The choice of the Tibetan fox to utilise open pasture seems to be a compromise; the overlap in habitat use is a risk for attack but it is suggested that these places would allow for earlier detection of predators compared to more dense vegetation cover (Wang, 2008). More detailed studies of fox biology are essential in determining their impact and effect on transmission of disease to other animals and humans.
The principal diet of the Tibetan fox is Ochotona curzoniae, the black lipped Pika (Schaller and Ginsberg, 2004; Lui et al, 2008, Raoul et al, unpublished). This lagomorph species is endemic to the Tibetan Plateau and has been described as a keystone species for biodiversity (Smith and Foggin, 1990). Pika's are diurnal and spend time foraging and digging (Arthur et al, 2008). This species is of extreme importance in terms of this research as it has shown to harbour the metacestode stages of E.multilocularis and E.shiquicus. The In recent times, much research into the small mammal assemblages ALSO THE NUMBER AND TYPE OF CYSTS...........Liu et al (2009) looked at the diet of the Tibetan fox in Qinghai Province. By analysing scats at two time points they were able to examine if fluctuating numbers of Pika's affected their importance in the fox diet. Results showed that although there was a difference in seasonal Pika density, this did not affect the fox diet. IMPORTANCE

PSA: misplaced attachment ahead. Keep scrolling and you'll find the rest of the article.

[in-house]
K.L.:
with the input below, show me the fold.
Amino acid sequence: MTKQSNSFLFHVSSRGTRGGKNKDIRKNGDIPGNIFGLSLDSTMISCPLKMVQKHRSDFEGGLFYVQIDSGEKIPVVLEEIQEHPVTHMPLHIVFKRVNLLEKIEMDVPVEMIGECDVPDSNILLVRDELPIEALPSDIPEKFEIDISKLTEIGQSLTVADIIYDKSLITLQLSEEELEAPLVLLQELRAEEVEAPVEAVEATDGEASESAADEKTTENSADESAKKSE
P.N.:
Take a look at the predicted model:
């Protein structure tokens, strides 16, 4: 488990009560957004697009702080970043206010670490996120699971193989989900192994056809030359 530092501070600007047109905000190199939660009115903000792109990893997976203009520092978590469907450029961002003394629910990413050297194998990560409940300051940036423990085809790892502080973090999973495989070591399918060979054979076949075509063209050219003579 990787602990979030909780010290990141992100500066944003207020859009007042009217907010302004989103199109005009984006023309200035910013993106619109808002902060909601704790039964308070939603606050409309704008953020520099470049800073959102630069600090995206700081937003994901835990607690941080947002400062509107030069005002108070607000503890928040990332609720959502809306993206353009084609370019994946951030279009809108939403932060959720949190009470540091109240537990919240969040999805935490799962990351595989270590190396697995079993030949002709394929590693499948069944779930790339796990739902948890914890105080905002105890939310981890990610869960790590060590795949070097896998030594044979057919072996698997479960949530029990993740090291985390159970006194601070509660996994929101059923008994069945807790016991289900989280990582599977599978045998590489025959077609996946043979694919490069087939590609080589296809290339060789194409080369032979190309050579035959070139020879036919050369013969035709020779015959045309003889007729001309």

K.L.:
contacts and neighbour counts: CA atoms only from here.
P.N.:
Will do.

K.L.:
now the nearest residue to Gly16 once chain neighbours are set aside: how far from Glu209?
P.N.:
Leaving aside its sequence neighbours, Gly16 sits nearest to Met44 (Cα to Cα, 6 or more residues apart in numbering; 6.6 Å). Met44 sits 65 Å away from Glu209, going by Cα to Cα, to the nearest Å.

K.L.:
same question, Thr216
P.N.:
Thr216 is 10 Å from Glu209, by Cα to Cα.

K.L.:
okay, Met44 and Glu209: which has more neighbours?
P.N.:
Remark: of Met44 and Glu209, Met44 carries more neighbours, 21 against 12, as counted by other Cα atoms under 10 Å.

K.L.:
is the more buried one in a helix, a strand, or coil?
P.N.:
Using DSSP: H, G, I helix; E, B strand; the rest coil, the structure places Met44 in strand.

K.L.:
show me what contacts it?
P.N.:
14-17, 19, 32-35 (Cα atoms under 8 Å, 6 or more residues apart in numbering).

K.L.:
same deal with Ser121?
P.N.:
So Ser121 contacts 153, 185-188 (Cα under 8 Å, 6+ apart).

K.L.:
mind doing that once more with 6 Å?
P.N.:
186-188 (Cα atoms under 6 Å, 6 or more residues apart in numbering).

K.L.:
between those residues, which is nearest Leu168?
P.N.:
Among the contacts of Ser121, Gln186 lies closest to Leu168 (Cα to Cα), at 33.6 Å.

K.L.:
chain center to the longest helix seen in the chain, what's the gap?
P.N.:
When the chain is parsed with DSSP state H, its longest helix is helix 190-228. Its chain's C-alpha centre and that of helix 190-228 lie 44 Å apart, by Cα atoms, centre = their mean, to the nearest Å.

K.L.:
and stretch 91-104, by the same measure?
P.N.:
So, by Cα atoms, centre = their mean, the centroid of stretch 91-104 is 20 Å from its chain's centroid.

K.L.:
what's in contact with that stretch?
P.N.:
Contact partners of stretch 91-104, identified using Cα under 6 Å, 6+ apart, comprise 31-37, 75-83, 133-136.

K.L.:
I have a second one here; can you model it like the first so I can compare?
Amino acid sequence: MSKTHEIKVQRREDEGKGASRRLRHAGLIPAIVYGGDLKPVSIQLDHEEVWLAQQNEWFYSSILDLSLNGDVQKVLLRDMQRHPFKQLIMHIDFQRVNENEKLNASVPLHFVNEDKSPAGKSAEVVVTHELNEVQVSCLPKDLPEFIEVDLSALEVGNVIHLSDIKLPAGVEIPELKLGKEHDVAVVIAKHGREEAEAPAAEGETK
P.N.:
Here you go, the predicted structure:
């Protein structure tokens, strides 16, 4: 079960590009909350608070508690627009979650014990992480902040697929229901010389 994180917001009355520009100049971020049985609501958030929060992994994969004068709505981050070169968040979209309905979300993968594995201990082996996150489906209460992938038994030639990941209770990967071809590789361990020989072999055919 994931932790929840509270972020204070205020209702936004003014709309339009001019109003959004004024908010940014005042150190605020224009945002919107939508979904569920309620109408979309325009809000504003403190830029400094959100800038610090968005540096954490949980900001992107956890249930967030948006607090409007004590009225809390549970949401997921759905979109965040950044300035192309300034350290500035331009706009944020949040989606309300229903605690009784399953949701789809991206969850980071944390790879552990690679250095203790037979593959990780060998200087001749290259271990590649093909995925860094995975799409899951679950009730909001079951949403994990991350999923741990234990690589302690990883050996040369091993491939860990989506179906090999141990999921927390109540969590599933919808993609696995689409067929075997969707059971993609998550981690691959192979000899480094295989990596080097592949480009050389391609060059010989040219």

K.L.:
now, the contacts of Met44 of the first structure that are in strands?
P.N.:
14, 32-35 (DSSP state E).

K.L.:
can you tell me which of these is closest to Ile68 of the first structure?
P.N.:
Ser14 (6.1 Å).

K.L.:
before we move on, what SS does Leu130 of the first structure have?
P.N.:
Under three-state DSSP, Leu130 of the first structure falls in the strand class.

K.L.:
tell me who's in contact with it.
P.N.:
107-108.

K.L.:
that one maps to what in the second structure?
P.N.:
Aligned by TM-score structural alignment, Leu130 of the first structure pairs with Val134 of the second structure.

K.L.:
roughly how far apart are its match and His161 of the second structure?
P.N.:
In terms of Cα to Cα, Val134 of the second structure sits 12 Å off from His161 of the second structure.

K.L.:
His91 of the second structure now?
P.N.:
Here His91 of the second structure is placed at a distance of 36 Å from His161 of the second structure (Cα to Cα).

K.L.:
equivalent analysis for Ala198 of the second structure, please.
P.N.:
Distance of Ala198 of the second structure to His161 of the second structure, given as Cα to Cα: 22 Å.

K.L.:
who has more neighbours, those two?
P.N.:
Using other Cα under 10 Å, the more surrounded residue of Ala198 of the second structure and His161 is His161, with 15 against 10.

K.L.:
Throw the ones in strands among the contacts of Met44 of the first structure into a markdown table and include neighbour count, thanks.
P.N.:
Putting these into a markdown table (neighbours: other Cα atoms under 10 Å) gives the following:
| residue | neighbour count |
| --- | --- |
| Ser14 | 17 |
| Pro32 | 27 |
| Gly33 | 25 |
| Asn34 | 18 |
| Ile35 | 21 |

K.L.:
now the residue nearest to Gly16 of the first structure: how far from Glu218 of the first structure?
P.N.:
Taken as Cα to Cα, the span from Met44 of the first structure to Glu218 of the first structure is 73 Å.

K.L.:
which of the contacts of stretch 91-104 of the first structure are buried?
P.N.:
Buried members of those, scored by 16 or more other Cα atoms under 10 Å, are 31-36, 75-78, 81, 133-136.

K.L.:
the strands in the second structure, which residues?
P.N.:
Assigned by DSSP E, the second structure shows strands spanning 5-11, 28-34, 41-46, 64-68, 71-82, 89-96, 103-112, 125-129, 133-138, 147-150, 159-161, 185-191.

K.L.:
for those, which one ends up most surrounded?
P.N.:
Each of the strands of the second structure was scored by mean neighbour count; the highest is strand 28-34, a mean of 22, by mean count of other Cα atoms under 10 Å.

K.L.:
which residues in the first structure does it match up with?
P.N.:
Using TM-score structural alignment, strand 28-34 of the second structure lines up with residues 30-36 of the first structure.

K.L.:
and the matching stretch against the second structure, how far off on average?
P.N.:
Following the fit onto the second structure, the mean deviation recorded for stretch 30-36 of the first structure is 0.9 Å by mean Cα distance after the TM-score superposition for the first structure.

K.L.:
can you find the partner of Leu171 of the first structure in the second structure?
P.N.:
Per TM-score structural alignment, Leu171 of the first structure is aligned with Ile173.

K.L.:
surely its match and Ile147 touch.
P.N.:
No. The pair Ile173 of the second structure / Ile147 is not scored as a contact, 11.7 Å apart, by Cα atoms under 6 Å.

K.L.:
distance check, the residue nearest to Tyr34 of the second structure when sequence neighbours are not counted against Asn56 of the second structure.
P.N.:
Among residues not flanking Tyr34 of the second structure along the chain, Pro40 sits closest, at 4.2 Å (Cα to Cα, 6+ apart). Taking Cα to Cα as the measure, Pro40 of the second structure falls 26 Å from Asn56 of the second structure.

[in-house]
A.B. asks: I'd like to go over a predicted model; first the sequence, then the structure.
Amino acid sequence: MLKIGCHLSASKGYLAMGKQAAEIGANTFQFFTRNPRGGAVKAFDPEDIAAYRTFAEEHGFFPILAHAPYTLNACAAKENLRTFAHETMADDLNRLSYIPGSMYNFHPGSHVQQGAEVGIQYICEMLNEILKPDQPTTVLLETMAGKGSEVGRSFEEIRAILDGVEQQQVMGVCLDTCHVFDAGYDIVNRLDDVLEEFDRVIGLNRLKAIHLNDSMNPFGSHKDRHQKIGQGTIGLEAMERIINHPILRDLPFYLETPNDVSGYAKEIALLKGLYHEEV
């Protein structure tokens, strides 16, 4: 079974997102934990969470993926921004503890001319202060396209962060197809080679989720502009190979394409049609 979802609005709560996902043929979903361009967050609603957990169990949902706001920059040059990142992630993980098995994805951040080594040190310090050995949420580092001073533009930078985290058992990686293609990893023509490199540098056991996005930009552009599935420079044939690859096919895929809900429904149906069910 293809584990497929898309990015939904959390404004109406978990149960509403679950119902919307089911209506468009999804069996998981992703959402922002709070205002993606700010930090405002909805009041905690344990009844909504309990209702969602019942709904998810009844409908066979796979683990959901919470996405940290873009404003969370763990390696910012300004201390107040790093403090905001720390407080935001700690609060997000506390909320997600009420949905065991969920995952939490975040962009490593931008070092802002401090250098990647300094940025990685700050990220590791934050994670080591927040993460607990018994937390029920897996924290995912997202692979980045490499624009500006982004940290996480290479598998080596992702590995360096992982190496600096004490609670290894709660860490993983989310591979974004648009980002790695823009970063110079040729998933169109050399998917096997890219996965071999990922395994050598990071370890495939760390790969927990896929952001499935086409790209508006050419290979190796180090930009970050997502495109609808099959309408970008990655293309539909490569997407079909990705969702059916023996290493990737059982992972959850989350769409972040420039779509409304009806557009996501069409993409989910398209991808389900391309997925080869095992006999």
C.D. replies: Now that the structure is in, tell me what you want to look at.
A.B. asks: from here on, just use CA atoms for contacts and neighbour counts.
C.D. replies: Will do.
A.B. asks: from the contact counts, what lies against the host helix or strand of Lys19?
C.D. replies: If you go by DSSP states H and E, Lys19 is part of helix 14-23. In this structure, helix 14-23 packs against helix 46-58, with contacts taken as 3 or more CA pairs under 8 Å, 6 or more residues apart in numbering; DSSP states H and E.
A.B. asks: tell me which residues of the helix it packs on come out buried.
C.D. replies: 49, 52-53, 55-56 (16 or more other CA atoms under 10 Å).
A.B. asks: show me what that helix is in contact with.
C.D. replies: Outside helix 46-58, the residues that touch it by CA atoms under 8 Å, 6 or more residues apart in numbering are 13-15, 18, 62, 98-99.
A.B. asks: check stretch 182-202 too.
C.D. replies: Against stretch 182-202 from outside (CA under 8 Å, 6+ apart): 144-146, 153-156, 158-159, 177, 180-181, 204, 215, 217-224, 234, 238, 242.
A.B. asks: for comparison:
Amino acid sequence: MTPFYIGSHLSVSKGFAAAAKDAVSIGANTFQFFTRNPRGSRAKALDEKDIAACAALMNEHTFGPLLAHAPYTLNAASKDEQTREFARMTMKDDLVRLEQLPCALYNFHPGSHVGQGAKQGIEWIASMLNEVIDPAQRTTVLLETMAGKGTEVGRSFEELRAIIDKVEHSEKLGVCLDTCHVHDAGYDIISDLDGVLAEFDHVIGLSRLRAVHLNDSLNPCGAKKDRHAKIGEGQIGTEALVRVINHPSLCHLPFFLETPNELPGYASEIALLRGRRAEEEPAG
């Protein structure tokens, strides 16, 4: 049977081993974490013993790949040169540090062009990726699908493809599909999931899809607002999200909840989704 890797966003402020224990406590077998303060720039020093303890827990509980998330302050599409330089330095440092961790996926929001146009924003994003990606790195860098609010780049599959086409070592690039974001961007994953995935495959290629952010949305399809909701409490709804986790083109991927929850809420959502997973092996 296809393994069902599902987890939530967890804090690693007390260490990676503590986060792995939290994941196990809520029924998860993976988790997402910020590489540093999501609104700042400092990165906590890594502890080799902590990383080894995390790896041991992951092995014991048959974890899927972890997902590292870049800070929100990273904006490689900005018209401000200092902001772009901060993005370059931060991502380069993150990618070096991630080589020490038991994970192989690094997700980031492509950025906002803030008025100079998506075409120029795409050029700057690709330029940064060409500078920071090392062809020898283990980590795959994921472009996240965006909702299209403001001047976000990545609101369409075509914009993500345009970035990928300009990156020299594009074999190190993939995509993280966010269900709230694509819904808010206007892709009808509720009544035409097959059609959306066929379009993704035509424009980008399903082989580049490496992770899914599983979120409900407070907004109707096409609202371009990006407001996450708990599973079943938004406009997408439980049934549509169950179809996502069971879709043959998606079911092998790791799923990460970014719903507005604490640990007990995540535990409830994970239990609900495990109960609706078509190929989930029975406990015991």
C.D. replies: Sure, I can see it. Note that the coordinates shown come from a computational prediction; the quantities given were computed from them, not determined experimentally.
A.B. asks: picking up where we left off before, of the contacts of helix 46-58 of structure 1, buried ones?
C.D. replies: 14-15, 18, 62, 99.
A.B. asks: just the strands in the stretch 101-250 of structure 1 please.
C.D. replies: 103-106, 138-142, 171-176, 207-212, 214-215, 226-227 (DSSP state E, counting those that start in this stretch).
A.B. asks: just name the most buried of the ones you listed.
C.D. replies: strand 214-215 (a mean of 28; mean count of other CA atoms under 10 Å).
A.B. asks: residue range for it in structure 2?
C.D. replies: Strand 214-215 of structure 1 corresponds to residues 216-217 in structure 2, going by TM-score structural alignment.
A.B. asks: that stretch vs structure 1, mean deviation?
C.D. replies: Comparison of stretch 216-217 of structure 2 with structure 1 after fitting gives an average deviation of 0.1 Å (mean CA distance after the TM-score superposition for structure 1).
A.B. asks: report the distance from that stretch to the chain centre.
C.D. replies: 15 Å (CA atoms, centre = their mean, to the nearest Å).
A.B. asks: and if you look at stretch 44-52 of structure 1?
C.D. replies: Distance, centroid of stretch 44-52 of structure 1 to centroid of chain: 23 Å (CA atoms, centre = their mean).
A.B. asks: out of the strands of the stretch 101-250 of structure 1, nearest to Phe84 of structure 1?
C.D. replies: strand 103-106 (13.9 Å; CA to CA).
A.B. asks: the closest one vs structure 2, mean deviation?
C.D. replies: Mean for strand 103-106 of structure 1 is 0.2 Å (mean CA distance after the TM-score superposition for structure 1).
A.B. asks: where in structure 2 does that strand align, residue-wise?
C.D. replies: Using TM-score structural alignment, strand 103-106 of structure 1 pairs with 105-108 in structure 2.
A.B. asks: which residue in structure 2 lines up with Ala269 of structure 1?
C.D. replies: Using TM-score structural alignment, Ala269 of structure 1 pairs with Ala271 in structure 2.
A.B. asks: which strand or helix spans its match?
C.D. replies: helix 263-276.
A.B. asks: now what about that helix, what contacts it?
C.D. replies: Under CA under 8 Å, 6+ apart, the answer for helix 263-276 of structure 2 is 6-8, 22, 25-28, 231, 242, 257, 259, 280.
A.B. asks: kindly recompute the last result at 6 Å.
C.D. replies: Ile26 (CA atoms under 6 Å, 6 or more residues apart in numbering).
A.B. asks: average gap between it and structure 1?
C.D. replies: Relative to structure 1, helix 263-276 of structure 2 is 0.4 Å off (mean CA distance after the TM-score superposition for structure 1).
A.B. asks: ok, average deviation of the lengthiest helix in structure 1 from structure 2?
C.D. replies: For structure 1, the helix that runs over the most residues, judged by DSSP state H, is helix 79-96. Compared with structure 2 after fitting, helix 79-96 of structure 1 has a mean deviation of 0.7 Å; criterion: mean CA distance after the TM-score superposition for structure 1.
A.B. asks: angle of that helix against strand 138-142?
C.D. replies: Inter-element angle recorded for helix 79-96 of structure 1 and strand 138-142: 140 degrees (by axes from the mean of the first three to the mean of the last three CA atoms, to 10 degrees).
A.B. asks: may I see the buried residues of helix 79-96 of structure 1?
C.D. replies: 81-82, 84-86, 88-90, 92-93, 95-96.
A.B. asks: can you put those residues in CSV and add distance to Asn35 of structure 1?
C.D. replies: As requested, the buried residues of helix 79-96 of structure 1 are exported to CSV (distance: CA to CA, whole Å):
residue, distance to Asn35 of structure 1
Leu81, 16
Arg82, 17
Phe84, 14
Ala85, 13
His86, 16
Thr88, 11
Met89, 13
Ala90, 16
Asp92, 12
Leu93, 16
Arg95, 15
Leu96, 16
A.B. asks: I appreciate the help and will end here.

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It was concluded that large ungulates and mammals probably represented scavenging on carrion due to the relatively small size of the fox compared to those animals. Unfortunately they did not differentiate between other rodent species and Tibetan foxes have previously been shown to predate on various rodent species (Pitymus, Alticola, Cricetulus and Microtus) (Schaller and Ginsberg, 2004). Giradoux and Raoul (unpublished) carried out a separate analysis of fox scats. The consensus remained that the main prey is the Pika with Microtine species being the second most frequently detected in samples. Microtines are known intermediate hosts for E.multilocularis. To date they have not been sho
It is suggested that mating occurs in February with 2 -5 young born after a three month gestation period (Schaller and Ginsberg, 2004). The foxes are usually seen alone hunting or foraging. As Ochotona are diurnal, foxes tend to hunt during daylight hours
Livestock grazing, plateau pikas and the conservation of avian biodiversity on the Tibetan plateau Anthony D. Arthur a, Roger P. Pech a 1, Chris Davey a Jiebu b, Zhang Yanming c and Lin Hui d
They are social animals that tend to be spatially clumped ([Smith and Wang, 1991] and [Zong et al., 1991]) and can reach very high population densities of >350ha-1 (Wang et al. 1997). They are typically diurnal and interact with their environment through foraging and digging activities and by recycling nutrients, which contributes to plant community dynamics; as prey for a suite of top predators; and by constructing burrows that are used as shelter and nest sites by other species (Zhang, 2002 Y. Zhang, Characteristics of social behavior and adaptation to the alpine extreme environment in plateau pikas (Ochotona curzoniae), The Chinese Academy of Sciences, Beijing (2002). [Zhang, 2002][Lai and Smith, 2003], [Zhang et al., 2005] and [Bagchi et al., 2006]).
Schaller G.B. and Ginsberg J.R. (2004) Tibetan fox pp148-151. In Canids:foxes, wolves, jackals and dogs: status survey and conservation action plan. Editors; Claudio S, Hoffmann M. Macdonald D.W. Published: Gland, Switzerland: IUCN
A.T. Smith and J.M. Foggin, The plateau pika (Ochotona curzoniae) is a keystone species for biodiversity on the Tibetan plateau, Animal Conservation 2 (1999), pp. 235-240